Ghetto Diary

Janusz Korczak; With an introduction by Betty Jean Lifton

View Inside Price: $19.00


May 11, 2003
160 pages, 5 1/2 x 8 1/4
ISBN: 9780300097429
Paper

Janusz Korczak (1879–1942) is one of the legendary figures to emerge from the Holocaust. A successful pediatrician and well-known author in his native Warsaw, he gave up a brilliant medical career to devote himself to the care of orphans. Like so many other Jews, Korczak was sent into the Warsaw Ghetto after the Nazi occupation of Poland. He immediately set up an orphanage for more than two hundred children. Many of his admirers, Jewish and gentile, offered to rescue him from the ghetto, but Korczak refused to leave his small charges. When the Nazis ordered the children to board a train that was to carry them to the Treblinka death camp, Korczak went with them, despite the Nazis’ offer of special treatment. His selfless behavior in caring for these children’s lives and deaths has made him beloved throughout the world; he has been honored by UNESCO and commemorated on postage stamps in both Poland and Israel.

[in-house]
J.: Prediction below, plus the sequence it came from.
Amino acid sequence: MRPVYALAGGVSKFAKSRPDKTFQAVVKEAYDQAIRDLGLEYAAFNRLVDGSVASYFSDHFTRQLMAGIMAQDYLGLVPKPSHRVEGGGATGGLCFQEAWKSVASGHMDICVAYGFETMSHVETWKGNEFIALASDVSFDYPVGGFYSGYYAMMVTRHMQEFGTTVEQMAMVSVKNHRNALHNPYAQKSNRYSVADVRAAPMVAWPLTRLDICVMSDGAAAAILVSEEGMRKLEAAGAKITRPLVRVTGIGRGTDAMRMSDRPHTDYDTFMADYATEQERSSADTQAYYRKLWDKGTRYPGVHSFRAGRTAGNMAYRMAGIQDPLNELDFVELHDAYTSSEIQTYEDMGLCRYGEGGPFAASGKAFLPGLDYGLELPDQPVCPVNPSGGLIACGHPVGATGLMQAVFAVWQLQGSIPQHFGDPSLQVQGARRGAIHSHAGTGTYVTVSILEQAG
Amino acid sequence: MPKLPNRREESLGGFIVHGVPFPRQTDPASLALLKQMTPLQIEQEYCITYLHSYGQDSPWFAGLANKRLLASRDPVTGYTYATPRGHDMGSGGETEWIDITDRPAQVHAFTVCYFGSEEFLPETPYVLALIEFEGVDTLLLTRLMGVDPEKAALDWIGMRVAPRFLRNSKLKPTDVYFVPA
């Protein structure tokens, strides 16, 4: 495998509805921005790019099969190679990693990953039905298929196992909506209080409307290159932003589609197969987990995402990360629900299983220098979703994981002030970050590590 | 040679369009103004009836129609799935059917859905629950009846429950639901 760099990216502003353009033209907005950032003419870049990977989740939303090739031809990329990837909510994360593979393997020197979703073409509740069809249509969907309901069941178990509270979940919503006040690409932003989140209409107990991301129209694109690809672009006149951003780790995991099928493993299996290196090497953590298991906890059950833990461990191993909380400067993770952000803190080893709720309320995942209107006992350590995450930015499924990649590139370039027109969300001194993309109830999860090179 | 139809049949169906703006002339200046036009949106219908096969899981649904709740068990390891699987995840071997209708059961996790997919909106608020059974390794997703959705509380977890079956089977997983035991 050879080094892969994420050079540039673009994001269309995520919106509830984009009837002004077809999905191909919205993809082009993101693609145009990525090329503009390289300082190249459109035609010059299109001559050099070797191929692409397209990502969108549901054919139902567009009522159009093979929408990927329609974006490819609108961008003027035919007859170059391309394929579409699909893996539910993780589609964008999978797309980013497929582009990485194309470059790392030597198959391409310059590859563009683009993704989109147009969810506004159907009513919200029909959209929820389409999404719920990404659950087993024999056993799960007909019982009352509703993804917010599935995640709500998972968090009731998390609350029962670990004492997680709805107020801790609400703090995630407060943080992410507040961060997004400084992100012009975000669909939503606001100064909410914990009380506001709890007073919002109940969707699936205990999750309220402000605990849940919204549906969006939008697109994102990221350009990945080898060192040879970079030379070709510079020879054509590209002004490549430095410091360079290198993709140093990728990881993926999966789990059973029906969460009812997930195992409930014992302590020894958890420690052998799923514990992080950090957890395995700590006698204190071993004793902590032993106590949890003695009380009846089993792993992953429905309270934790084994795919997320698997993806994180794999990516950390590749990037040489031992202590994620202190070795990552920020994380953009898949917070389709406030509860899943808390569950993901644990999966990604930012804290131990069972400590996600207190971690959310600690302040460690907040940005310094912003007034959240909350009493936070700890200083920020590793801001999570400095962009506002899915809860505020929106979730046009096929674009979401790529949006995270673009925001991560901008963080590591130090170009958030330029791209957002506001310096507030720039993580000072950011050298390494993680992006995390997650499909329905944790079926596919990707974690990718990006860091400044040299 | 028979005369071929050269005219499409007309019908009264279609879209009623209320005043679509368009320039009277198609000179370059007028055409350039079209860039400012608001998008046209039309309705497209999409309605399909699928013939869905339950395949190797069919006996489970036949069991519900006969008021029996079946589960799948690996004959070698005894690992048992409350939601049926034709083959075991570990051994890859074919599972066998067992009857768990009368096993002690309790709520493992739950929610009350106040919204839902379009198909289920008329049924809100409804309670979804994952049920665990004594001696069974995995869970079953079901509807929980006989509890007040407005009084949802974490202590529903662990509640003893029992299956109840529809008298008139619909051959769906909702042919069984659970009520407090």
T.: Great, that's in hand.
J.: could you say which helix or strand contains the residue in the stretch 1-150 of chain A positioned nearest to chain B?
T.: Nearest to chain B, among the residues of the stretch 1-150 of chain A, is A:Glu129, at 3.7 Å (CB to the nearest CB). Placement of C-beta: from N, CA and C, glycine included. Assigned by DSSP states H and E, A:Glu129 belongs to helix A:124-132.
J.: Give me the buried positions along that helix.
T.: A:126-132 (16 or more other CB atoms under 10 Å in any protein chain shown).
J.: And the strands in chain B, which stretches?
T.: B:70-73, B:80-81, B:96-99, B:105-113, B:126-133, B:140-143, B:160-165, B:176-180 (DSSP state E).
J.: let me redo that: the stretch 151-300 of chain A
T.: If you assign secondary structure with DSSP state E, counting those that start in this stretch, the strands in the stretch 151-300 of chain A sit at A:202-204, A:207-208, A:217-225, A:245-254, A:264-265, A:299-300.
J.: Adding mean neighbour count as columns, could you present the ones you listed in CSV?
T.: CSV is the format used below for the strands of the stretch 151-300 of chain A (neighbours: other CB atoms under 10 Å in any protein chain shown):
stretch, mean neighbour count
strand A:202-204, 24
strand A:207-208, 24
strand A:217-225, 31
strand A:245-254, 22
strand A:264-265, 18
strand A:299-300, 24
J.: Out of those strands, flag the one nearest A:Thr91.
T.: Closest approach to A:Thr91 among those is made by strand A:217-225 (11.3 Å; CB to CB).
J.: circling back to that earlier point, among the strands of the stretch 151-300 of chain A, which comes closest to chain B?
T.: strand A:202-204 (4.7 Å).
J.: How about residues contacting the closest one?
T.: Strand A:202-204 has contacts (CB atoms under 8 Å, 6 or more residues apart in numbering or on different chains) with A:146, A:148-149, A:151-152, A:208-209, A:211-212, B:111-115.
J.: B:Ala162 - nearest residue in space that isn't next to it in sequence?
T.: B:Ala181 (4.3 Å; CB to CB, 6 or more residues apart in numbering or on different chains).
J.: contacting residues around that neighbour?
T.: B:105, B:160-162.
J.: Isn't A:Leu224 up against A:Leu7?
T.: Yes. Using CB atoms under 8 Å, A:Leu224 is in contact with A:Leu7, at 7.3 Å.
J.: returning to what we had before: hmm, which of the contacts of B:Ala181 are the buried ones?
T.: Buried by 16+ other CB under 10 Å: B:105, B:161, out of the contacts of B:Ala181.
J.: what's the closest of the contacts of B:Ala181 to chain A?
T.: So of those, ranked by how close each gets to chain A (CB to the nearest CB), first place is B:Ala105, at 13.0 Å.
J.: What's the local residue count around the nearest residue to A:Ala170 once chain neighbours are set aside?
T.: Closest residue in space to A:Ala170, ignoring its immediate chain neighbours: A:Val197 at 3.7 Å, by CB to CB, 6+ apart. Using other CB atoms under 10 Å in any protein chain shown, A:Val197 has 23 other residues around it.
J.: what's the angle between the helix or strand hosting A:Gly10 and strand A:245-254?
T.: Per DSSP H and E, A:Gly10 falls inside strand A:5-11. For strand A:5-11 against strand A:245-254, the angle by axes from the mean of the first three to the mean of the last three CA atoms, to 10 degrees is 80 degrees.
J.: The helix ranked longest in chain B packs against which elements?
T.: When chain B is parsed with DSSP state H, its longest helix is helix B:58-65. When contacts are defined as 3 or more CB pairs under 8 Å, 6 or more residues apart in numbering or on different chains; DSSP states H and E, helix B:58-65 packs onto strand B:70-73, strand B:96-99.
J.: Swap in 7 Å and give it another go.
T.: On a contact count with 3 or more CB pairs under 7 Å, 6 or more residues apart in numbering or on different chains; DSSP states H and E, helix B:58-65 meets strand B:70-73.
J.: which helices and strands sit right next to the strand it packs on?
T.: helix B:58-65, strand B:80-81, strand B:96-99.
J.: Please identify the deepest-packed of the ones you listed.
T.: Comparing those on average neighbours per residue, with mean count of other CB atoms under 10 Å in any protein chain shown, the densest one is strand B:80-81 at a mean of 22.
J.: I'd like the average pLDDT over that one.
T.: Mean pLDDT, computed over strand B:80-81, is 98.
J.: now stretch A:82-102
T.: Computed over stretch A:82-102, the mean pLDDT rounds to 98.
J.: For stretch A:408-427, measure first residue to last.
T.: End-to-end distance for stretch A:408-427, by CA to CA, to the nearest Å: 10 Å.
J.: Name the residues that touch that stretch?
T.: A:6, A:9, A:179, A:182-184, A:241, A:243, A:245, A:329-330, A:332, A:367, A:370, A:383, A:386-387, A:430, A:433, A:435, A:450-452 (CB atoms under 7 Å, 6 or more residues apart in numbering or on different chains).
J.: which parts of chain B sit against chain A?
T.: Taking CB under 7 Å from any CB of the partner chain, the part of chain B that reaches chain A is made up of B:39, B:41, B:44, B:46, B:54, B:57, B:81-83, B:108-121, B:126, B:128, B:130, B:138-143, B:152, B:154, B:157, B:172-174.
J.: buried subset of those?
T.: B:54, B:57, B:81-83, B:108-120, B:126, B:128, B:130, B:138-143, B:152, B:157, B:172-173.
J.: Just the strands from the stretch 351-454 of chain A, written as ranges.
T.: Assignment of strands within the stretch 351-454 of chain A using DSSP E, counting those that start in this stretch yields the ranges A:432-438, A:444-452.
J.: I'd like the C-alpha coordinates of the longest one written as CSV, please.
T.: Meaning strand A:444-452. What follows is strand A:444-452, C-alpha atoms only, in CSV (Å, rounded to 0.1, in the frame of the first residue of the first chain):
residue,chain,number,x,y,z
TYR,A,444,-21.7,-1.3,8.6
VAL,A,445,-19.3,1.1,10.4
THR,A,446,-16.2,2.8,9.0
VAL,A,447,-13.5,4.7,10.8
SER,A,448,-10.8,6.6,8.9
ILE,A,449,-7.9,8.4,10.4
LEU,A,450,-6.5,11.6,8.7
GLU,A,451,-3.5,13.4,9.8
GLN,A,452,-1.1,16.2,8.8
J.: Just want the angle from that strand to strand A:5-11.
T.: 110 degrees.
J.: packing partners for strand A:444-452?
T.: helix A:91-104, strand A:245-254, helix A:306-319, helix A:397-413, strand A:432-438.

Korczak’s grimly inspiring ghetto diary is now available in paperback for the first time, accompanied by a new introduction by Betty Jean Lifton, the author of the biography of Korczak.

Some of Janusz Korczak’s writings on children are still available: A Voice for the Child, and When I Am Little Again and “The Child’s Right to Respect.” Betty Jean Lifton’s biography of Korczak, The King of Children: The Life and Death of Janusz Korczak, was a recent New York Times Notable Book of the Year.

“Korczak’s diary reveals how a spiritual and moral man struggles to shield innocent children from the atrocities of the adult world in one of history’s darkest times.”—Betty Jean Lifton, from the introduction




“Korczak’s diary is a moving piece of literature and an indispensable insight into life inside the ghetto. The quality of his testimony, contemporaneous with the events he lived, is powerful, poignant, and moving.”—Michael Berenbaum

“A tribute to the enduring influence of this legendary figure of the Holocaust. . . . Particularly powerful for its simple eloquence, its empathetic voice and its advocacy for the children of the Warsaw Ghetto.”—Michael N. Dobkowski, Jewish Book World